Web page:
Here, the three execute . . . let’s call it fusion, laying down a groove or 40. Peet chordizes sensually and renders a separate bass unnecessary with rich low-end synthoplonks. Bizzett accents spontaneously while sustaining intense forward drive, much as Bolin pal Billy Cobham did. Cline whips up riffs, leans into bumpstock solo bursts or pumps volcanos of sulfurous smoke. Most of all, there’s chemistry.

    Four of the nine cuts are Peet’s, and they are beauts, milking soul gush, reggae abstraction, romantic ease and fusoid rumble. Cline contributes a funky riffslapper. And the rest are the kinds of jams you ain’t heard since Nixon, every participant free to stoke the party with whatever inspiration boils into his freaky ol’ head, from George Clinton to Pink Floyd to Throbbing Gristle. And ’70s Miles, one hardly need add. Don’t imagine it’s random, though, cuz this stuff develops and builds, the sequences surprising but never unconsidered. The totality emerges so full & polished, too — keep in mind we got a super-experienced wizard at the knobs. Use of surround-sound is strongly encouraged.

    The only moment I appreciated less than the rest was the discomforting sawtooth riff at the start of Track 1, a funny spot to hit a bump, but I got past that quick. Then it sailed like a yacht.

    All live, no overdubs! Wha? Naw. Yup.

  3. Post
    5 out of 5

    From https://sandiegotroubadour.com/2019/11/wayne-peet-trio-what-the/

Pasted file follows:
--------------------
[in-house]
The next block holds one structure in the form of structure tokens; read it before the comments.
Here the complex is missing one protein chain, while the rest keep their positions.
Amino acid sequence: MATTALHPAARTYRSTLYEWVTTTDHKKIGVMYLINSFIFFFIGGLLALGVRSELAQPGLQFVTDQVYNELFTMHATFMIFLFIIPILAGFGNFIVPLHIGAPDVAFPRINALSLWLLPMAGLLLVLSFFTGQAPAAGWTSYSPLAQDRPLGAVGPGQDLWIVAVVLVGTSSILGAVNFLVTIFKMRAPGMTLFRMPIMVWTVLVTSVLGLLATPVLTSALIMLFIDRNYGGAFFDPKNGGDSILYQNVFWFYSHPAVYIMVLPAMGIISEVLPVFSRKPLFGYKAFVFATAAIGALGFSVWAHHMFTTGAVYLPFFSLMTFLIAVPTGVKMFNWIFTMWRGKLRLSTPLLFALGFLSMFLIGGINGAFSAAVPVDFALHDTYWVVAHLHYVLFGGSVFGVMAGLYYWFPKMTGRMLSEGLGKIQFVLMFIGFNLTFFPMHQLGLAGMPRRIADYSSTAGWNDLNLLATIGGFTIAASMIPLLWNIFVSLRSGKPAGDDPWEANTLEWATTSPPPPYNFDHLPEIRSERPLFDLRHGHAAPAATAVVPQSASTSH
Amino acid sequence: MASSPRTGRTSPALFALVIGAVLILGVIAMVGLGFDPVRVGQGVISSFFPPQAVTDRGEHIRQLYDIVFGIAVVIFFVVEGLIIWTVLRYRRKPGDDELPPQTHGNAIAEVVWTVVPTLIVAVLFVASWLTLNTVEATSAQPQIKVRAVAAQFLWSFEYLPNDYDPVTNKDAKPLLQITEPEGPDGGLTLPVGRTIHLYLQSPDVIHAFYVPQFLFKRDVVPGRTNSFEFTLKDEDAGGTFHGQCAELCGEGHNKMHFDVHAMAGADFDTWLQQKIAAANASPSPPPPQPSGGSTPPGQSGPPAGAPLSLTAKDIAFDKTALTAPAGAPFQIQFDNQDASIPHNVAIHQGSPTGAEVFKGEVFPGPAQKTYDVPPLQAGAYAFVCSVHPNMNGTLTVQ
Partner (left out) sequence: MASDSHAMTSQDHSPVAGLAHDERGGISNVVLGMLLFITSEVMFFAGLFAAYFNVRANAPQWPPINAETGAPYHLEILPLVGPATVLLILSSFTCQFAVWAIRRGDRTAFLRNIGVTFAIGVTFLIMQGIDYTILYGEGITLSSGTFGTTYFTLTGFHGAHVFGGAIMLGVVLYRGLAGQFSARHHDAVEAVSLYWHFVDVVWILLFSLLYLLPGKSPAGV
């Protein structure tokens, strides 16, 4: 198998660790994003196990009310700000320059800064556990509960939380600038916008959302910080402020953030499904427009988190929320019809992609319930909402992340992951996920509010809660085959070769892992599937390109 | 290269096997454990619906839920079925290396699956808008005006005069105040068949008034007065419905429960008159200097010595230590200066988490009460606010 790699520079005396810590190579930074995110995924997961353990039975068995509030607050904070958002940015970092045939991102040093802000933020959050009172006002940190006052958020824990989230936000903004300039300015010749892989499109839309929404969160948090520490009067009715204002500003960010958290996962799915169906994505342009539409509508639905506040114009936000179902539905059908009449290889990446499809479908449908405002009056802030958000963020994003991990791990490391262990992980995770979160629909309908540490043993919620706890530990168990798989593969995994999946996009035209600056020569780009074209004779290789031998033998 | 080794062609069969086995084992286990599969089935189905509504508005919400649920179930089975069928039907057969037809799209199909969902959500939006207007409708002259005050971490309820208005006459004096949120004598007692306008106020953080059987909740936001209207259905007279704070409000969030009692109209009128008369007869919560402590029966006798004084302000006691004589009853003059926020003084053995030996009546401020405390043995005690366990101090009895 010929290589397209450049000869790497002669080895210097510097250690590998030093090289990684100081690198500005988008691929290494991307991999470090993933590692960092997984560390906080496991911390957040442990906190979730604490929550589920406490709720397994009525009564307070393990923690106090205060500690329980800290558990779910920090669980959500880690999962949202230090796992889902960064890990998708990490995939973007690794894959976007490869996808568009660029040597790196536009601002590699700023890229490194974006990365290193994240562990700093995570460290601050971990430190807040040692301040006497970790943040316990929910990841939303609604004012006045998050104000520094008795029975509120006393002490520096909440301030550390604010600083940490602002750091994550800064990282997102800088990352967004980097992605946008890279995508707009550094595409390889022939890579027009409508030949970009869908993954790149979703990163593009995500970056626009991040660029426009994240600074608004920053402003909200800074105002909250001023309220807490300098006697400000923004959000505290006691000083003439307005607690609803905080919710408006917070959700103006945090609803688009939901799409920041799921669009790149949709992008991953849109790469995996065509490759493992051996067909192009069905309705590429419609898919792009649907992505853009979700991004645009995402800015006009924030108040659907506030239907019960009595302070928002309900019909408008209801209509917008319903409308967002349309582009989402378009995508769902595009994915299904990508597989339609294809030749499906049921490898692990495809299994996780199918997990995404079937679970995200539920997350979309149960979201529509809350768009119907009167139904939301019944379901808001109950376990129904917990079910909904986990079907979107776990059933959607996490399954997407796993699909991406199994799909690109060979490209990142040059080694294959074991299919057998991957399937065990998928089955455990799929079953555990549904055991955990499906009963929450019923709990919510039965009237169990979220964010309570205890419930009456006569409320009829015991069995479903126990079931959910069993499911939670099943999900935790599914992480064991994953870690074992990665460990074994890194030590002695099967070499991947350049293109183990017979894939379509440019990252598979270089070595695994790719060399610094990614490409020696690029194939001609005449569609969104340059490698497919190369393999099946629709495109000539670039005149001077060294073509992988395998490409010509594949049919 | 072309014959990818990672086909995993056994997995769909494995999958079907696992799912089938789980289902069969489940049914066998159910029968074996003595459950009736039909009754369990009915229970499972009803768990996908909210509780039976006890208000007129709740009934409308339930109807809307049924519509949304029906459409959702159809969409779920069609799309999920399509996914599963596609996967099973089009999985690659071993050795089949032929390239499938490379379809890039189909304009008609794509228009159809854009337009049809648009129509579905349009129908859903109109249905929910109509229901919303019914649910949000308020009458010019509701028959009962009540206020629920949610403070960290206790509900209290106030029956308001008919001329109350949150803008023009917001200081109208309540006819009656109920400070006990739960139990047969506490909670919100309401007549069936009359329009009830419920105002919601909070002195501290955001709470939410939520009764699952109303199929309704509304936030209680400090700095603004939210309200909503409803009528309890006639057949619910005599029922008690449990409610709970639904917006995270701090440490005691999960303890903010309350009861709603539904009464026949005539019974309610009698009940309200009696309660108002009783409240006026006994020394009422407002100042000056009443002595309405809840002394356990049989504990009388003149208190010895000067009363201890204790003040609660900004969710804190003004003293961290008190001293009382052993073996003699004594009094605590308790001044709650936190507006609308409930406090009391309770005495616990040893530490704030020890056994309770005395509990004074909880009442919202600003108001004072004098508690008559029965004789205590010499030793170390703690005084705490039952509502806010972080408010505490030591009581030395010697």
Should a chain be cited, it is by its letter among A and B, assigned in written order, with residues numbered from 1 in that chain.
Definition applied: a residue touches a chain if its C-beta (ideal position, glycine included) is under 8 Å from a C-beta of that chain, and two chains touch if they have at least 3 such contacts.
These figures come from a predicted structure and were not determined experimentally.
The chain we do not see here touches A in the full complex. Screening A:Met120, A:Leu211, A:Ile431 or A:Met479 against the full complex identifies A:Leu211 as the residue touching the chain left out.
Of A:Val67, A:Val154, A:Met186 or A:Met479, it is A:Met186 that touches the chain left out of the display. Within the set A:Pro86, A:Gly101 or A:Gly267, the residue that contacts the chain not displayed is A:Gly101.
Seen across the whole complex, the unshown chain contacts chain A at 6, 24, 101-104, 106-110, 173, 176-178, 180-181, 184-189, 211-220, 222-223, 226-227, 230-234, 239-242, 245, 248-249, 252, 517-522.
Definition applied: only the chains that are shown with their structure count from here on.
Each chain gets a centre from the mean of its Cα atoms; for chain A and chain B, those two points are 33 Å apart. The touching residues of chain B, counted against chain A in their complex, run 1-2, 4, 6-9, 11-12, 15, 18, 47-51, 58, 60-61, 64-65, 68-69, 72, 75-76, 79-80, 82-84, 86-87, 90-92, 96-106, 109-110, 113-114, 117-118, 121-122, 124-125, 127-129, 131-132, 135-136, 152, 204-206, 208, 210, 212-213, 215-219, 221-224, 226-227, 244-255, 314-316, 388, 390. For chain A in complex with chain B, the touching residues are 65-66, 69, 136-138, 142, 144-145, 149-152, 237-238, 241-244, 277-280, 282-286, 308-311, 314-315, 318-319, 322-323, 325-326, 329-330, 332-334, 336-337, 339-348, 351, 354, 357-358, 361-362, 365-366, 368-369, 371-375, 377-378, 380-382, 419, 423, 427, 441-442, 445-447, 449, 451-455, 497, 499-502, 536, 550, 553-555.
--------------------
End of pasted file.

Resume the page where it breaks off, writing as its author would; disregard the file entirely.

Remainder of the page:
WAYNE PEET TRIO: What The?
    By Robert Bush, November 2019

    Organ-specialist Wayne Peet has become a giant in the Los Angeles free-improvising community since the 1980s, when he moved there from Oregon to play with trombonist John Rapson. He’s played with almost everyone from that scene on the West Coast, and, additionally, he’s an in-demand recording engineer for labels like Blue Note, Enja, 9 Winds, and Jeff Kaiser’s pfMENTUM for which this was recorded.

    I’ll say it right up front: this is the best, most-balanced organ-trio record I’ve heard in years. It’s been in constant rotation on my iPod ever since it arrived in the mail earlier this year.

    Alt-rock fans will certainly recognize one name in the line-up, that being Nels Cline, who has been the lead guitarist for the band Wilco for the last 15 years. San Diego jazz fans will recognize the other name on the roster, that being drummer Russell Bizzett, who is a huge contributor to the success of What The?

    Even though Peet is the putative leader, he doesn’t hog the limelight by any means. He wrote most of the tunes (aside from four group improvisations and one Nels Cline original) but he mostly steers in support of the monstrously creative Cline, who turns in a typically stirring performance.

    The album begins with “Capable Faith,” which reminded me of the opening strains of Cream’s “White Room,” courtesy of Bizzett’s thunderous drum rolls. This episodic piece boasts more moods than Sybil off her meds.

    Cline’s wah wah guitar ostinato and Peet’s swelling organ help Bizzett crank up the groove on “Devout Vulgarity” tighter than Donald Trump’s wallet at a charity event. Even when things threaten to go way “outside,” the drummer keeps them tethered to a precise reality, and the sense of tension those forces create in opposition is one of the reasons this session continues to reverberate positively for me.

    Again, there is a remarkable sense of balance throughout the date, which was recorded “live” in the studio over a two-day period. Cline’s original, “Chase to the Cut,” features the guitar and organ/clavinet syncing effortlessly with Bizzett’s taut drumming so seamlessly that it’s impossible to focus on any one musician.

    I couldn’t help but think of the Allman Brothers or maybe instrumental Santana on the sort of free rock ballad “Hushbubba,” where Cline’s intense devotion to the tone of his guitar ratchets up the joy factor unbearably.

    Intense stuff, definitely placing high on my “best of 2019” list.